Anglo Name Hocąk Name Dates Place of Birth
Angel Hinų́k-Mąxiwikirinąka (Woman Who Arrives from the Clouds) 3 May 1871 - 6 February 1919 Nebraska
Julia Áksiáka 6 May 1873 - 1967 Nebraska

With her second husband, Peter Sampson, she had the following children:

Anglo Name Hocąk Name Dates Place of Birth
Louisa Littlebeaver - English Inekimąnįwįga (Walks Alone) 1874 - 1946 Nebraska
Emma 1879 - bef. 1883 Nebraska
Josephine Greyhair Hąheoracewįga (Travels at Night) 1881 - 1962 Nebraska
Mary Yellowcloud Kikárasįcka (Shaking to Clear Itself) 1883 - 1918 Nebraska
Grace Whitesnake Ną̄k’ági’ą́wįga (uncertain) 15 August 1886 - 1 November 1963 Winnebago, Nebraska

Little is known of Emma, who died in infancy.(Waggoner, 44, 84-85, 285 nt. 11)

Death

Elizabeth died 17 March 1925, most likely on the reservation in Winnebago, Nebraska. She is buried in Saint Augustine Mission Cemetery, Winnebago, Thurston County, Nebraska. (Find a Grave)

Sources

  • Linda M. Waggoner, Fire Light: The Life of Angel De Cora, Winnebago Artist. Norman: University of Oklahoma Press, 2008. ISBN 978-0-8061-3954-8.
  • Sarah McAnulty, "Angel DeCora: American Indian Artist and Educator," Nebraska History, 57 (1976): 142-199.
  • "Angel DeCora — An Autobiography," The Red Man, 3, #7 (March 1911): 279-285.
  • Norton William Jipson, Story of the Winnebagoes (Chicago: The Chicago Historical Society, 1923). This is an unpublished typescript.
  • 1886 Indian census; Roll: M595_311; Page: 31; Line: 5; Agency: Winnebago. Indian Census Rolls, 1885-1940; (National Archives Microfilm Publication M595, 692 rolls); Records of the Bureau of Indian Affairs, Record Group 75; National Archives, Washington, D.C.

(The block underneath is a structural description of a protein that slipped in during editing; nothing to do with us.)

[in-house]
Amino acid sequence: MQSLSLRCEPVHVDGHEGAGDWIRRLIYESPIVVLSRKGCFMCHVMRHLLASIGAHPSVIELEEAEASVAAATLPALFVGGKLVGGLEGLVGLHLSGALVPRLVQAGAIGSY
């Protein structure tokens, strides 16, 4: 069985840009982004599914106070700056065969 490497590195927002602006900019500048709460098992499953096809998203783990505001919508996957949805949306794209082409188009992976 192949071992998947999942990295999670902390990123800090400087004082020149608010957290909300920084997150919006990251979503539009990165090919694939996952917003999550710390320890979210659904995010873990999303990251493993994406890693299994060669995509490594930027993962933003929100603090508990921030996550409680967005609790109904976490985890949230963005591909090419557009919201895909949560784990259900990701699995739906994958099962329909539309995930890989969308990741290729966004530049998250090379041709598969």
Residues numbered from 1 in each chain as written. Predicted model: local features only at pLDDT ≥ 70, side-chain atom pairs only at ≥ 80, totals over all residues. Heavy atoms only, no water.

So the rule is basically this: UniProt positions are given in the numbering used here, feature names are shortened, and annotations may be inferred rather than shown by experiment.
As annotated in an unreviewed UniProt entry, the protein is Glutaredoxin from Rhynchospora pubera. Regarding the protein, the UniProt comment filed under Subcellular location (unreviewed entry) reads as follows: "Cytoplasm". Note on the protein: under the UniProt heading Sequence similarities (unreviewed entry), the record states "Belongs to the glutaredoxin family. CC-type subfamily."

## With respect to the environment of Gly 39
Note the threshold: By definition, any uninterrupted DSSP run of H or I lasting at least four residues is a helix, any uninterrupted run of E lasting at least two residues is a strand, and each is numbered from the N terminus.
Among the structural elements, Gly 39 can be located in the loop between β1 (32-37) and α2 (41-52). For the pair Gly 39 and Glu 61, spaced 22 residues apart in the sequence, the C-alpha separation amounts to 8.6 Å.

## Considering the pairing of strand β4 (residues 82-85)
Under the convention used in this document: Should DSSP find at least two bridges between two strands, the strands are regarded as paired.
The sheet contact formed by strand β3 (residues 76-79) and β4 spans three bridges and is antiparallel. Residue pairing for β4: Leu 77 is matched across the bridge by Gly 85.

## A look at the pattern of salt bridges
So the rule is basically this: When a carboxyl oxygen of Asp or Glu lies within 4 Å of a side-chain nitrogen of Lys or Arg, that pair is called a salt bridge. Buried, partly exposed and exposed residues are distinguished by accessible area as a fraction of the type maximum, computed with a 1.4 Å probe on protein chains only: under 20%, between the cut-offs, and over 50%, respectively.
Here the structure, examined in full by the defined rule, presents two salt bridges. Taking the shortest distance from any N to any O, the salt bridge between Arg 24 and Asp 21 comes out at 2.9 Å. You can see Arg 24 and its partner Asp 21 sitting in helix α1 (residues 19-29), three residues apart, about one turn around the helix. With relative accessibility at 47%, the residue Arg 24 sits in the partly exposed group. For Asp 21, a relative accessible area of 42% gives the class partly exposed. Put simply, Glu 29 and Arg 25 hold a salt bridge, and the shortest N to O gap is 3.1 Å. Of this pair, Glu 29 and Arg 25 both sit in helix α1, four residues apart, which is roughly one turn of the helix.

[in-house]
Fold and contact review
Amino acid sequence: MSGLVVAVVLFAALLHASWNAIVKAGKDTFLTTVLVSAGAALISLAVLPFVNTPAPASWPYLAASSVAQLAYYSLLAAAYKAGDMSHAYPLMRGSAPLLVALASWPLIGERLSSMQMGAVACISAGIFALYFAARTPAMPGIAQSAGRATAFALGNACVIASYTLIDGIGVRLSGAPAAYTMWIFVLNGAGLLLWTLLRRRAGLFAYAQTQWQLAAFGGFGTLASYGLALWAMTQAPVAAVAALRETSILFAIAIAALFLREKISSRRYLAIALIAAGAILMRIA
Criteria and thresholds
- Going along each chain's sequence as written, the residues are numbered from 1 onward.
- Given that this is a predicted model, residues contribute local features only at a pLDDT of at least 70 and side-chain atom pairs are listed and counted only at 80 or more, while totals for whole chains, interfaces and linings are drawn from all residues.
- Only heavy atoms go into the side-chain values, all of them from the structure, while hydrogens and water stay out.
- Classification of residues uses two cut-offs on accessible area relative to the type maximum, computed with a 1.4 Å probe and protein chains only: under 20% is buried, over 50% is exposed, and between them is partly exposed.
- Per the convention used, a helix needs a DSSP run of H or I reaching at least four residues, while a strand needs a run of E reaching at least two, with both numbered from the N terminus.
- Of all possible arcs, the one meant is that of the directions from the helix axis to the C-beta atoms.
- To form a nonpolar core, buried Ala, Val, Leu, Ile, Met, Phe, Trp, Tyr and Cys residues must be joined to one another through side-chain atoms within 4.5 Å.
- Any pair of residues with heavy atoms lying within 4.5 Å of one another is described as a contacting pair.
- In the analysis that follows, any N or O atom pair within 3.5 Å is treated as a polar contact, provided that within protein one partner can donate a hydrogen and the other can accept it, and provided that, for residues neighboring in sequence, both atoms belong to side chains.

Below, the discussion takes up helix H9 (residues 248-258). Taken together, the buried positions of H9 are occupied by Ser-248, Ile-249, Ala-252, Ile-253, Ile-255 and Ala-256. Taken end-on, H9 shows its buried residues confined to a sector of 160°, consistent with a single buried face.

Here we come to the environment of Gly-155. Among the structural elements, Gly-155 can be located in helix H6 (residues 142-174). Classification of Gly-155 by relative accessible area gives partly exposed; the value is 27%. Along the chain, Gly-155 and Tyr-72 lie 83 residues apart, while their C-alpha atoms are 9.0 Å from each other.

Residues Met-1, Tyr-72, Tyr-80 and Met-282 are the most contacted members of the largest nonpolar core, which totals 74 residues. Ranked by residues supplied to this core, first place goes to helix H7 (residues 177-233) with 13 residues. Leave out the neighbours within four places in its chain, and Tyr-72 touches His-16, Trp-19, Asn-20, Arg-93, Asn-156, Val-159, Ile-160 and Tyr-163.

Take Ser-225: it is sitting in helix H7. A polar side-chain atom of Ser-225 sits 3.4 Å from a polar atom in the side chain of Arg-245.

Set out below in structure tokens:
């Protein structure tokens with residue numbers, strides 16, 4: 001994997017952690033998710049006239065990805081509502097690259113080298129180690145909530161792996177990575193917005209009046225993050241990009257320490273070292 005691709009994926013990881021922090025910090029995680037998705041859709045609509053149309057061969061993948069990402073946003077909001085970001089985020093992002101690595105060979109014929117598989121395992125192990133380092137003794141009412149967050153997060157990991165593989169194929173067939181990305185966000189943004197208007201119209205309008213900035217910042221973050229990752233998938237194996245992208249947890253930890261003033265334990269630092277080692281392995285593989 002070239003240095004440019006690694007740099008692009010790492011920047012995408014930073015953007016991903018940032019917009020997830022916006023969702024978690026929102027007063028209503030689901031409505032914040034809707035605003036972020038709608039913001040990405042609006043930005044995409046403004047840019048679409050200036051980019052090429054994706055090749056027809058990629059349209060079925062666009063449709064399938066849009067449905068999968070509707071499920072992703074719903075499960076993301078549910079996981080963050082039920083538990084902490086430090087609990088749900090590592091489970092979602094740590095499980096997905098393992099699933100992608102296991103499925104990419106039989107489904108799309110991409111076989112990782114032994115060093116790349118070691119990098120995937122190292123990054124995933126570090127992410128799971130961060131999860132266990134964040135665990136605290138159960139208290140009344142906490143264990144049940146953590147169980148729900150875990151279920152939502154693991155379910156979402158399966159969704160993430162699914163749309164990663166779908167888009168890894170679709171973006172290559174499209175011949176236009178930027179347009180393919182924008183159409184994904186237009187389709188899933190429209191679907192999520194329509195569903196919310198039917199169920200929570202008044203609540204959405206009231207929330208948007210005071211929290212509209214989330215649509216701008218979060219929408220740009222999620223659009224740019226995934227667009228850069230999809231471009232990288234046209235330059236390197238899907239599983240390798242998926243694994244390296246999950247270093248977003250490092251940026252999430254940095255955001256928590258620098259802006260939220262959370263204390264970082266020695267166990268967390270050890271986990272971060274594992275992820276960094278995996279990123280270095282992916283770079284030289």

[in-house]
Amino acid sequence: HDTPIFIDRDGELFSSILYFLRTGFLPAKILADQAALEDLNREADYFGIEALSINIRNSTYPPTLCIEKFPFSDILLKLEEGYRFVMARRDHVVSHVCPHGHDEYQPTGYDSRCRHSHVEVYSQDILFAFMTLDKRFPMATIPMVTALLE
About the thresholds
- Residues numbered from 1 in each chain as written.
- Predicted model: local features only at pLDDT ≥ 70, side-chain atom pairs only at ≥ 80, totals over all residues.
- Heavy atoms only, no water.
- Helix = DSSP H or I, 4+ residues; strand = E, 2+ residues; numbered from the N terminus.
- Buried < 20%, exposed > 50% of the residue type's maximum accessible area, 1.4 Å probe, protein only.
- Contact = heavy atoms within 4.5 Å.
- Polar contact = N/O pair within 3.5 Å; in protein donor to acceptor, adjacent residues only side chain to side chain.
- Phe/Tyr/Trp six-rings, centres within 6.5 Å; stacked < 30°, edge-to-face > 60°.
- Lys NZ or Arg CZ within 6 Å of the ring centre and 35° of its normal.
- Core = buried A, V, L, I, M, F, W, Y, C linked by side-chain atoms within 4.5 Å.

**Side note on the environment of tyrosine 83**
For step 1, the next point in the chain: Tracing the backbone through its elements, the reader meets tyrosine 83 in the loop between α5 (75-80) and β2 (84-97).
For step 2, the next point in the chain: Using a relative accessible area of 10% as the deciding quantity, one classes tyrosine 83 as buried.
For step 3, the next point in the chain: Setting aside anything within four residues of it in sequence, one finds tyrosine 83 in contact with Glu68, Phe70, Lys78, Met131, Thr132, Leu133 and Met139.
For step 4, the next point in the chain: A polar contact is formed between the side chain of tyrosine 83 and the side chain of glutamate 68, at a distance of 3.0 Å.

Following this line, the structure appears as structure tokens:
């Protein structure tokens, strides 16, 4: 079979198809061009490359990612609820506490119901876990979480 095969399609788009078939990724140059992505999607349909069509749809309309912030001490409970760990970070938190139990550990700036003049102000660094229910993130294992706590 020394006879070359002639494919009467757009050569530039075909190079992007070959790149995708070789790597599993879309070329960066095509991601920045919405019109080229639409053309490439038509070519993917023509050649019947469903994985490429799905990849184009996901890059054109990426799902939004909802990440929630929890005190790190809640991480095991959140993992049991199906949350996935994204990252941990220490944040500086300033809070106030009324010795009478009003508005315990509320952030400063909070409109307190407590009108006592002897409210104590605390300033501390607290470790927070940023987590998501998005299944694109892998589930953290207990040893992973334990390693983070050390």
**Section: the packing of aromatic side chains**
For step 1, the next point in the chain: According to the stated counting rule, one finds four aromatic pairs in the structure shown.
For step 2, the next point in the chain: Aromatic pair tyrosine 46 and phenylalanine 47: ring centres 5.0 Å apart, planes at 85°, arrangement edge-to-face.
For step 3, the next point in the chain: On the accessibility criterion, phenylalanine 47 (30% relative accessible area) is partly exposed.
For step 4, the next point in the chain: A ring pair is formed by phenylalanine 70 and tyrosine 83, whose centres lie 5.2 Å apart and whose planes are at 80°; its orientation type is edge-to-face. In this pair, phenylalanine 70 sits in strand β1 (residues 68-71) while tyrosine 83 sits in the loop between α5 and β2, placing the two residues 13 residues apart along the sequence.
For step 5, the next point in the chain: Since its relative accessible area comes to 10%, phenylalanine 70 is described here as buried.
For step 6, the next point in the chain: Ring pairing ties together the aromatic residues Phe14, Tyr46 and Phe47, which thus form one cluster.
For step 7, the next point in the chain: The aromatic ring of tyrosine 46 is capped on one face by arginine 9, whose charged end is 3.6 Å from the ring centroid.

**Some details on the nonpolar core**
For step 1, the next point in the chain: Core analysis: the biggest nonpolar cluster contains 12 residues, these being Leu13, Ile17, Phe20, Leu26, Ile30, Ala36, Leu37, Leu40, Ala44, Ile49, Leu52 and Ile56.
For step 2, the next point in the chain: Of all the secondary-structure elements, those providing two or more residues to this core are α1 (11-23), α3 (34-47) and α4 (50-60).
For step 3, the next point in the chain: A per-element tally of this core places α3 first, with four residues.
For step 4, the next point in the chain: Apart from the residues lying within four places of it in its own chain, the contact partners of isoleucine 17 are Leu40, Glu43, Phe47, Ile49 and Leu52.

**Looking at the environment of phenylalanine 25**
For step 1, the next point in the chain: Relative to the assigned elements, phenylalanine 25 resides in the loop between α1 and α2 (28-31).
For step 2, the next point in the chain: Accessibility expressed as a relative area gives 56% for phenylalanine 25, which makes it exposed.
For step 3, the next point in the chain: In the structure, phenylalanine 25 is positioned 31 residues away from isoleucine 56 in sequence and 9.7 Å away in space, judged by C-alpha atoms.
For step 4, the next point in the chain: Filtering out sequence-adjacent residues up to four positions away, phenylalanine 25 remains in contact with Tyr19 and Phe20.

• 1887 Indian census; Roll: M595_311; Page: 30; Line: 5. Indian Census Rolls, 1885-1940; (National Archives Microfilm Publication M595, 692 rolls); Records of the Bureau of Indian Affairs, Record Group 75; National Archives, Washington, D.C.
  • 1888 Indian census; Roll: M595_311; Page: 32; Line: 4. Indian Census Rolls, 1885-1940; (National Archives Microfilm Publication M595, 692 rolls); Records of the Bureau of Indian Affairs, Record Group 75; National Archives, Washington, D.C.
  • 1889 Indian census; Roll: M595_311; Page: 26; Line: 8; Agency: Winnebago. Indian Census Rolls, 1885-1940; (National Archives Microfilm Publication M595, 692 rolls); Records of the Bureau of Indian Affairs, Record Group 75; National Archives, Washington, D.C.
  • 1890 Indian census; Roll: M595_311; Page: 39; Line: 8; Agency: Winnebago. Indian Census Rolls, 1885-1940; (National Archives Microfilm Publication M595, 692 rolls); Records of the Bureau of Indian Affairs, Record Group 75; National Archives, Washington, D.C.